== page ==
No, regretfully Smarty Jones is no longer alive. He passed away on February 2, 2011 from cancer at the age of thirteen. Smarty Jones was a beloved chestnut colt born on May 4, 2001, who enjoyed a successful racing career.
Smarty Jones won his first six races in 2003 and then won the Kentucky Derby and Preakness Stakes in 2004. He was the first Pennsylvania-bred to win the Kentucky Derby since 1940. After his racing career, Smarty Jones lived out his days at Stonerside Stables in Versailles, Kentucky.
He had a successful career as a sire, siring more than 200 foals during his lifetime. His descendants today are competing in many races around the world. Smarty Jones will always remain one of the most beloved race horses in history.
Where is Smarty Jones now?
Smarty Jones is now retired from racing and living at Stonerside Farm in Paris, Kentucky. He stands as a stallion for a reported fee of $60,000. Since his racing career ended, Smarty Jones has sired over two hundred and fifty registered Thoroughbred foals.
He has produced numerous champions, stakes winners, and earners of over nine million dollars in his stud career. He is fondly remembered among fans and racing professionals alike. Smarty Jones also made several special appearances throughout his retirement including the 2006 Breeders’ Cup at Churchill Downs in Louisville and the 140th Preakness Stakes in Baltimore.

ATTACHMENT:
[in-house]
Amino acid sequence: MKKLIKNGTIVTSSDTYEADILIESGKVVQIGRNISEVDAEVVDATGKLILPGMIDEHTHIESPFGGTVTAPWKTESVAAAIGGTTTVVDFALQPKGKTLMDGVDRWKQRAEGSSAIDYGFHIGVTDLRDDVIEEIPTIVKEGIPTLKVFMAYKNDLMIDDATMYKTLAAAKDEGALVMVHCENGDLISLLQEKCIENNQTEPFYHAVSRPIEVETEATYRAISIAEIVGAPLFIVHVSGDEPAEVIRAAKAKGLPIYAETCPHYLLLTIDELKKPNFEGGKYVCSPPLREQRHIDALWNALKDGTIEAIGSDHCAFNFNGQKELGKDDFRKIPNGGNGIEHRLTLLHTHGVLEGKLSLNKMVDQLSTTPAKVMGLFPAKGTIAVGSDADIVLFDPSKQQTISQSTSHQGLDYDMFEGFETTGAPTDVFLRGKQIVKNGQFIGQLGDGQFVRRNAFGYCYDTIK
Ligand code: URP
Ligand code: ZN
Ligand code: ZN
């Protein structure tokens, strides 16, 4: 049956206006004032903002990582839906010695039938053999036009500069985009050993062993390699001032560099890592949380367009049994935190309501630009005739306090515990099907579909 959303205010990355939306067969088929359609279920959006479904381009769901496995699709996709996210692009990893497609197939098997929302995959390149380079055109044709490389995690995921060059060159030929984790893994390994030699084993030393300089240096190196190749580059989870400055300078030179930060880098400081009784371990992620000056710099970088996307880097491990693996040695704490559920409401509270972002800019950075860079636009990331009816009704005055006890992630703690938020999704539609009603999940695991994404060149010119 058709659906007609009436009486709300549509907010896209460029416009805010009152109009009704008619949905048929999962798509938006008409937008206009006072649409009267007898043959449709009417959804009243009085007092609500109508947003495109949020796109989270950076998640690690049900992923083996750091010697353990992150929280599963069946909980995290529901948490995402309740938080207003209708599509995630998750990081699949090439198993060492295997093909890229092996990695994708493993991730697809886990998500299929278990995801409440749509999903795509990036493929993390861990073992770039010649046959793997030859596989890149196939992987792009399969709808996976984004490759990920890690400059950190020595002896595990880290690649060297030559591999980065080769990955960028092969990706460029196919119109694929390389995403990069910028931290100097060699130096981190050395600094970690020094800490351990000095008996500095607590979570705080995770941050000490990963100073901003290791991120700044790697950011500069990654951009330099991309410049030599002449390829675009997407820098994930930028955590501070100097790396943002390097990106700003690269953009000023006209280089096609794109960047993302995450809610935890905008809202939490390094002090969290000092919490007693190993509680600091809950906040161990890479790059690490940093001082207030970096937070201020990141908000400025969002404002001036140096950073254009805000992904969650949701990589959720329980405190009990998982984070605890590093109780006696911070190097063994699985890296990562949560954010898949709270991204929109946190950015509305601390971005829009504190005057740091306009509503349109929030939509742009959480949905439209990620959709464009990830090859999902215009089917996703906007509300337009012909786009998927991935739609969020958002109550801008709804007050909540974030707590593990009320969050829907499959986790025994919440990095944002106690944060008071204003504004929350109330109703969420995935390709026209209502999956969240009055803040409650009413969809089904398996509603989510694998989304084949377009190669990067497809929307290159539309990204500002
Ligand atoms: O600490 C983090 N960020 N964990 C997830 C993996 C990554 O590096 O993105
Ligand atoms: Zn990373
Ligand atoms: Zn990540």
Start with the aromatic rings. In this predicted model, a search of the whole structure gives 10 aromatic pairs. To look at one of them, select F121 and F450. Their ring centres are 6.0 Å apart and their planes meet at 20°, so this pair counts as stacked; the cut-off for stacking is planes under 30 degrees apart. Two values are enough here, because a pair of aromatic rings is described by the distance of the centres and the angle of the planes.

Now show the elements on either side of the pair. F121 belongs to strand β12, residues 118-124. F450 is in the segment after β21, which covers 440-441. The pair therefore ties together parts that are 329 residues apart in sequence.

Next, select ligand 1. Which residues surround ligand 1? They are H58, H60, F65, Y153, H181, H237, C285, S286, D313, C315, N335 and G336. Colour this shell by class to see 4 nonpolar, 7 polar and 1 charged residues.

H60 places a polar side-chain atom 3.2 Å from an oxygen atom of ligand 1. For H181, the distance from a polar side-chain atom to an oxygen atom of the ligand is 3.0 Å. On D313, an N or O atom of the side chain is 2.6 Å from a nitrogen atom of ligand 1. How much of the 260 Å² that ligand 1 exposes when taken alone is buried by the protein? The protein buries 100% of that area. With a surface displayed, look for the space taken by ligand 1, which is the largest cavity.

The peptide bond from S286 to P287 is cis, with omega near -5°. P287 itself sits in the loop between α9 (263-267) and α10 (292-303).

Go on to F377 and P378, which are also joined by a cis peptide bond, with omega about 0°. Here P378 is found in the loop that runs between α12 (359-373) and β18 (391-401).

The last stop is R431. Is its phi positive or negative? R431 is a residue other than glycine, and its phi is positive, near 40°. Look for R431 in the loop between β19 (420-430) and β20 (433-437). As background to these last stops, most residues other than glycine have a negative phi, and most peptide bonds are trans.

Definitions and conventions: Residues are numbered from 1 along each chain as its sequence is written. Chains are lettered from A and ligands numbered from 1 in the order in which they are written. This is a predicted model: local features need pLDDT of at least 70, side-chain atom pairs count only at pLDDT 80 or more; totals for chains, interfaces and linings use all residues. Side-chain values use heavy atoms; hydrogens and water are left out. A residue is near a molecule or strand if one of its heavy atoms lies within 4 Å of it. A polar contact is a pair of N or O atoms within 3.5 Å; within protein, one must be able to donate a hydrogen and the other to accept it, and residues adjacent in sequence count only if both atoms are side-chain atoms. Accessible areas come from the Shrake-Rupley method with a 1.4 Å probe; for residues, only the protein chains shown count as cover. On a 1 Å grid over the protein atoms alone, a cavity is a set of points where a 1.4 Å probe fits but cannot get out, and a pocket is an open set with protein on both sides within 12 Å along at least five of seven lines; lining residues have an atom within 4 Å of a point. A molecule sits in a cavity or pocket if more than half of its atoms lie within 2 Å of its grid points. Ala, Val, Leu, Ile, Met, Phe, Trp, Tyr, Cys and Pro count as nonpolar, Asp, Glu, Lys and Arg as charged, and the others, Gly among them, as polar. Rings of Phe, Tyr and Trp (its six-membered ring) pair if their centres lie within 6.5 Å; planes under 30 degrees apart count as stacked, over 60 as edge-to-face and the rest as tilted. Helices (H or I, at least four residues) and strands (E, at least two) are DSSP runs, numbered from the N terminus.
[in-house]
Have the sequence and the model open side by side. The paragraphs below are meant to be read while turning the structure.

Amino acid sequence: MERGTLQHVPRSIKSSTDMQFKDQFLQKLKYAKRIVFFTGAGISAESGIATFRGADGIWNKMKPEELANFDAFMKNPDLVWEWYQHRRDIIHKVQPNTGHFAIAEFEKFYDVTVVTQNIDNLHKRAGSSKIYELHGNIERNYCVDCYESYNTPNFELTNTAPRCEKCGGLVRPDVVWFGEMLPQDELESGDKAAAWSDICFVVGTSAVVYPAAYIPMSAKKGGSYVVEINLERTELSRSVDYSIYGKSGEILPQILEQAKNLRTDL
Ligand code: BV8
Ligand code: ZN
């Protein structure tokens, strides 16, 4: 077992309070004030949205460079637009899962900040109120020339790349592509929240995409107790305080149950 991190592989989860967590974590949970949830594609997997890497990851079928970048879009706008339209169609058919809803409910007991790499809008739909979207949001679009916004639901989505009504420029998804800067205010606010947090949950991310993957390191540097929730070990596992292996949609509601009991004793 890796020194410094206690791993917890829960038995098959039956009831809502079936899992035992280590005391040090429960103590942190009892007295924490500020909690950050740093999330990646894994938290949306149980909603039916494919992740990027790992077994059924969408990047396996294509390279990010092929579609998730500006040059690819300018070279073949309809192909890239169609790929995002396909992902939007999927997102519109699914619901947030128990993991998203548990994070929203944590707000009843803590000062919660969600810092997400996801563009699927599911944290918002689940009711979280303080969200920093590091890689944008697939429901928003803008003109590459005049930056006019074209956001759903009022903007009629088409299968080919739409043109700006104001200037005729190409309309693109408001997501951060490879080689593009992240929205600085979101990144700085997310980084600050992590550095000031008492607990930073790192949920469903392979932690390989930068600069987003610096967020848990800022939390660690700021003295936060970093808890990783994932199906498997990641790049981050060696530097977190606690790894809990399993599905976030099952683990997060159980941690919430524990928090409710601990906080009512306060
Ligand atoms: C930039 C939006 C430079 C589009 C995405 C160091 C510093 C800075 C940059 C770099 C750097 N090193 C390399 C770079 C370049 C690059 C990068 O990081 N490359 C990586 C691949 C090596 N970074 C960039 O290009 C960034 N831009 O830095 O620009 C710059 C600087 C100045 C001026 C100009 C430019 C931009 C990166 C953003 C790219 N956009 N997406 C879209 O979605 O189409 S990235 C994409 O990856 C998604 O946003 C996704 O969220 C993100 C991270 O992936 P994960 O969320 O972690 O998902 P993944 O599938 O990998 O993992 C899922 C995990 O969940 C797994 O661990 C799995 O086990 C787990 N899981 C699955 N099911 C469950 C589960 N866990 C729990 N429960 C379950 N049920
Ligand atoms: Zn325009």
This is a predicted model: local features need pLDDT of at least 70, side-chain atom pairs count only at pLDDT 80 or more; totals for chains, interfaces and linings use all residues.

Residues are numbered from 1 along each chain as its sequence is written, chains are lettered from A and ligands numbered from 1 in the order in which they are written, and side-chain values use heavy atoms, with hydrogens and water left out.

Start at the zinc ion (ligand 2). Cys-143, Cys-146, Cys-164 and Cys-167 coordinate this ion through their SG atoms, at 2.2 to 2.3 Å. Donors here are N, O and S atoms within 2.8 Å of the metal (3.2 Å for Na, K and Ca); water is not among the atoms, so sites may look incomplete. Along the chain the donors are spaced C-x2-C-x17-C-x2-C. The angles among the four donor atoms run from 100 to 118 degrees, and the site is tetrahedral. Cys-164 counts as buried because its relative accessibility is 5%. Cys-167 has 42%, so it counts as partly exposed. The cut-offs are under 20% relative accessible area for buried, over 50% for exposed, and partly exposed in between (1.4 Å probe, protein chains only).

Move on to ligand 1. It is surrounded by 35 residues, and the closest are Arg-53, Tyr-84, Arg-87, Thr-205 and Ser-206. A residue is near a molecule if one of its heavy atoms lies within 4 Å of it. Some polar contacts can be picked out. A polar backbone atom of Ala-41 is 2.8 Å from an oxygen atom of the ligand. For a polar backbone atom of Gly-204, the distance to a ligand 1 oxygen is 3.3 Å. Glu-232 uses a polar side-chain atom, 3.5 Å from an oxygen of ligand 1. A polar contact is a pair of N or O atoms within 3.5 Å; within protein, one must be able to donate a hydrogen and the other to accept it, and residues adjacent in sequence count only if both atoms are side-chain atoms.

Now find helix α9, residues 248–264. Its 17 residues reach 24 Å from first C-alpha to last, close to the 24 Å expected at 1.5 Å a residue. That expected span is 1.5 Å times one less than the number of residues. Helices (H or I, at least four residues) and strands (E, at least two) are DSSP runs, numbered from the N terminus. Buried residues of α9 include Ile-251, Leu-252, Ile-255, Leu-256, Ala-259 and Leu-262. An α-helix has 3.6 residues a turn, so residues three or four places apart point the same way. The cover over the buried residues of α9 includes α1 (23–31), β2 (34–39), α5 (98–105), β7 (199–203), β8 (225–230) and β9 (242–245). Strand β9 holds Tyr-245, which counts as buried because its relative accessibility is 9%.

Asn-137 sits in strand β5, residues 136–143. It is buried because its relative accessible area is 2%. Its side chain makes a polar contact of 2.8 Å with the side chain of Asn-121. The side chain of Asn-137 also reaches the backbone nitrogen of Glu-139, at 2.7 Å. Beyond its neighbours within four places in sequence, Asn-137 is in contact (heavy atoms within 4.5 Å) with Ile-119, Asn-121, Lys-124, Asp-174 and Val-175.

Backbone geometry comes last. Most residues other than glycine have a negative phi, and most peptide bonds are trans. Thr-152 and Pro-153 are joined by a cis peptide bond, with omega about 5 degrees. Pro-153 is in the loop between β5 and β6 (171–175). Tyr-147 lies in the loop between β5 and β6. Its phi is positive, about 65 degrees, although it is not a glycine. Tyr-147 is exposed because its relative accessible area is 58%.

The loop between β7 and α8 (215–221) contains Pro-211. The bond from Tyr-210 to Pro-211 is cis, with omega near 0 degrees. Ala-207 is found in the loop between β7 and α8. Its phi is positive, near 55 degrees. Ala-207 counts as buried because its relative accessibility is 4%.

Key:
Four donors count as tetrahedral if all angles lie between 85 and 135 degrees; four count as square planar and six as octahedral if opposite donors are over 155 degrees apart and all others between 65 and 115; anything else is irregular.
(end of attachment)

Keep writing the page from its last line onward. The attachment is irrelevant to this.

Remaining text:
Is Smarty Jones still racing?
No, Smarty Jones is no longer racing. Smarty Jones was a thoroughbred racehorse who won the 2004 Kentucky Derby and Preakness Stakes. He retired from racing in 2005 and now lives out the rest of his days at Three Chimneys Farm in Lexington, Kentucky.
He has sired many successful thoroughbreds, such as Star Guitar, who went on to win the 2006 Meadowlands Cup. He has also been crossing over into other disciplines, such as show jumping, and has even sired a few show jumpers as well.
Smarty Jones is remembered as one of the greats and is an inspiration to all horse lovers.
Did Smarty Jones win the Triple Crown?
No, Smarty Jones did not win the Triple Crown. Smarty Jones was a Thoroughbred racehorse who was undefeated in 2004 and set several records, becoming the first undefeated Kentucky Derby winner since Seattle Slew in 1977.
After winning the Kentucky Derby and Preakness Stakes, Smarty Jones was the favorite to become the 12th Triple Crown winner by winning the Belmont Stakes. However, he ultimately lost the third race to 36-1 longshot Birdstone, finishing second by just a neck in front of Eddington.
As a result, Smarty Jones was denied the Triple Crown, but was still awarded Horse of the Year for 2004. Despite not being able to win the Triple Crown, Smarty Jones is still remembered as one of the greats of the American Thoroughbred racing scene over the past few decades.